Dr. Clay Howard 
Thanks, Nick. It's great to be here. You know, when I first thought about this question, I was thinking about some of the kind of more obvious stuff about how there's a lot that's unprecedented, right? That the current president's contesting of the results, for example, the fact that it happened during a pandemic, all these things, you know, seem really new to me. But I also was thinking, you know, there's a pattern of polarization of contested elections of all kinds of stuff going back 20 to 30 years. And so, I guess what I would say is that we know that in the 1990s, Newt Gingrich, who was Speaker of the House was a kind of different kind of Republican and he pushed his fellow Republicans to, like not sit with Democrats in the congressional lunch room to really like ramp up  the rhetoric around elections and specific issues to really kind of demonize the enemies and to try and win by narrow margins, right, if they can't win, like large majorities to go ahead and try and win edge kind of smaller elections. And so if you think about it, just at the national level, Clinton wins in a three way race and '92. The Republicans win the House of Representatives in 1994. In '95, the government shuts down over a budget impass. Clinton wins. Again, there's an impeachment led by Republicans in Congress. In 2000, there's like the closest race in US history that comes down to Florida. That's like a contested election. 2004 Republicans win a narrow margin. There starts to be voter ID laws to try and restrict, like who can vote, Obama wins, big. Wins again. Then the Supreme Court overturns parts of the Voting Rights Act, which allows people to have more voter ID laws. And then you get Donald Trump in 2016. And then our election today. So if you kind of see it in that larger context, I think it's bigger than just President Trump. And I think there's a larger kind of pattern.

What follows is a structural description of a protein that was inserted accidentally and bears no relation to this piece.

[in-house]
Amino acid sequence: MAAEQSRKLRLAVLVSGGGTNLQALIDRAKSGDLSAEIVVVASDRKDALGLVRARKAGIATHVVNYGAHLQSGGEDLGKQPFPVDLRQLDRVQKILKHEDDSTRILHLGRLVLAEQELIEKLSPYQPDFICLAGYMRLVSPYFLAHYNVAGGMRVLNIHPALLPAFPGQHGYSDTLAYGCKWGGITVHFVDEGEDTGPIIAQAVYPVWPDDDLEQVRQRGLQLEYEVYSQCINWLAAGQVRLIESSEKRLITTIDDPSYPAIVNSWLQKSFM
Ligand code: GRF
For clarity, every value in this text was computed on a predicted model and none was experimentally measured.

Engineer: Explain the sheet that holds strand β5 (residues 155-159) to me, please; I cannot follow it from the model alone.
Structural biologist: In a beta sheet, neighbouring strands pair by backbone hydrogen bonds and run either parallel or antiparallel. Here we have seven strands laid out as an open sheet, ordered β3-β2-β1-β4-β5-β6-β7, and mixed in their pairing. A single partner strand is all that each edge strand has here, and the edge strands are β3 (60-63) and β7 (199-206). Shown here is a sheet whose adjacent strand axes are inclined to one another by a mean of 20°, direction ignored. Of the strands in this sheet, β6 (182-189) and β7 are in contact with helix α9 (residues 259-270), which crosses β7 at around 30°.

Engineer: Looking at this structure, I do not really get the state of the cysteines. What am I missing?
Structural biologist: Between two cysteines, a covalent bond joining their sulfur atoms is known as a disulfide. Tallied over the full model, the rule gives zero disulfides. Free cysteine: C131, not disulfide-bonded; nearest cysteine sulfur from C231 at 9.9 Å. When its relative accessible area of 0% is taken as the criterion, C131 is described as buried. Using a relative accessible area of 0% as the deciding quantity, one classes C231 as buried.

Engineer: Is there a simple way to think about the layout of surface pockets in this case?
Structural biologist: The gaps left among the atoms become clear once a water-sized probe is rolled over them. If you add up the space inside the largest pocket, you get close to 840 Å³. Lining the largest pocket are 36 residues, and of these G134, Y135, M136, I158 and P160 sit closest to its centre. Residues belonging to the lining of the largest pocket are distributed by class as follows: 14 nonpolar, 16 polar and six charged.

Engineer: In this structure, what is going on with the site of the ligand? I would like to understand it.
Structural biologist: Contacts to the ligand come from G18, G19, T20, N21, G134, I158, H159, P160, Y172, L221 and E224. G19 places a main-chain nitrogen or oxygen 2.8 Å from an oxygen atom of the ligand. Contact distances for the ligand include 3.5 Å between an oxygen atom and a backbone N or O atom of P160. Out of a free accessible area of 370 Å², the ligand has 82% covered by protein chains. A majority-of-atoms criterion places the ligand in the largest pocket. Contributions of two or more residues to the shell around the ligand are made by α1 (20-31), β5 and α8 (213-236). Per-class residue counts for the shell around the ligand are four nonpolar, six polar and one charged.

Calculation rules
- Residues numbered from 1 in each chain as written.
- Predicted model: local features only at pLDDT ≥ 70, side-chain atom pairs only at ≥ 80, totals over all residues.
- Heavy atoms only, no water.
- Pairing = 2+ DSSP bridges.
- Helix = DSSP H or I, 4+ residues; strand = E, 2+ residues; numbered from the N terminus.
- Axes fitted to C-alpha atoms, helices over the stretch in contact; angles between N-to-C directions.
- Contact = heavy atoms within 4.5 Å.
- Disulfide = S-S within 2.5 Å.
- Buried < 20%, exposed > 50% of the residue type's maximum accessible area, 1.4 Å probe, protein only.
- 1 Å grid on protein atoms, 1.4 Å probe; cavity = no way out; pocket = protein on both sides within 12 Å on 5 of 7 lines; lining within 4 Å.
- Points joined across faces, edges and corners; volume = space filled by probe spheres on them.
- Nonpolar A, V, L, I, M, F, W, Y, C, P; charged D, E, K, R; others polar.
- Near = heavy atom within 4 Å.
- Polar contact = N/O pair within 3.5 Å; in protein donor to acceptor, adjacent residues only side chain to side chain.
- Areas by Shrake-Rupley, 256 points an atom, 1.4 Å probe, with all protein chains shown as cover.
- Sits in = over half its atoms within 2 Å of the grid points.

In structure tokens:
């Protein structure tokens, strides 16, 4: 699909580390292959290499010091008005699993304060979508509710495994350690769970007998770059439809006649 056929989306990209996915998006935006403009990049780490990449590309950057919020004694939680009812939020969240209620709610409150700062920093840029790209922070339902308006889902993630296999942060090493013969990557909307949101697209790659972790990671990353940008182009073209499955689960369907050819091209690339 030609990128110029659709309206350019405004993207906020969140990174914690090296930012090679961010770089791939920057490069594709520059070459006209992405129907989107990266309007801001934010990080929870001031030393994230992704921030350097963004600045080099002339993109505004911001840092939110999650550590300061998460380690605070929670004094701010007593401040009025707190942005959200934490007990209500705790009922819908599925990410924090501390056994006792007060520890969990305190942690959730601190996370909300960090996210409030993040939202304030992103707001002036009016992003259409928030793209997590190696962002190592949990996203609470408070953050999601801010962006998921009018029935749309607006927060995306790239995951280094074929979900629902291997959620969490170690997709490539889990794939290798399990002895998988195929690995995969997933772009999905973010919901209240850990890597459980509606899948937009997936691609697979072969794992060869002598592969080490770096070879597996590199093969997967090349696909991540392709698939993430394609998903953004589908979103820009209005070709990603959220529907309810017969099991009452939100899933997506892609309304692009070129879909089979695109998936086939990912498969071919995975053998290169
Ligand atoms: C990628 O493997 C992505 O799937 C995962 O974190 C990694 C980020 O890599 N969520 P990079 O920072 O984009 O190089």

Dr. Hasan Jeffries 
I would second what Dr. Howard shared, and I would add only that I think there are elements that are consistent. And there are elements that are just different. I think one of the elements that is consistent, has been the voter suppression. Coming out of the Voting Rights Act era, there has been a steady drumbeat, a steady effort to tramp down the vote of people of color, particularly African Americans. And so some of those efforts that we saw, that picked up as Dr. Howard was saying, following the Shelby v. Holder Supreme Court ruling, essentially taking the teeth away from the Voting Rights Act. That was an extension of stuff that we saw on the 1980s by the Justice Department, under the Reagan administration targeting black elected officials down in the deep south. And so one of the consistent themes that we see throughout modern presidential elections or modern elections in general, when we think about the national level has been the effort to suppress the vote. And I think that's one of the as we look back at this election, we ought not forget that aspect of it, despite the high turnout. It wasn't because it didn't exist. It was in fact, because a people overcame it and organized around it. And we shouldn't also let the misinformation about ballot fraud and voter fraud take away from the fact that there was actual real efforts to suppress the vote going into the election.

Dr. Paula Baker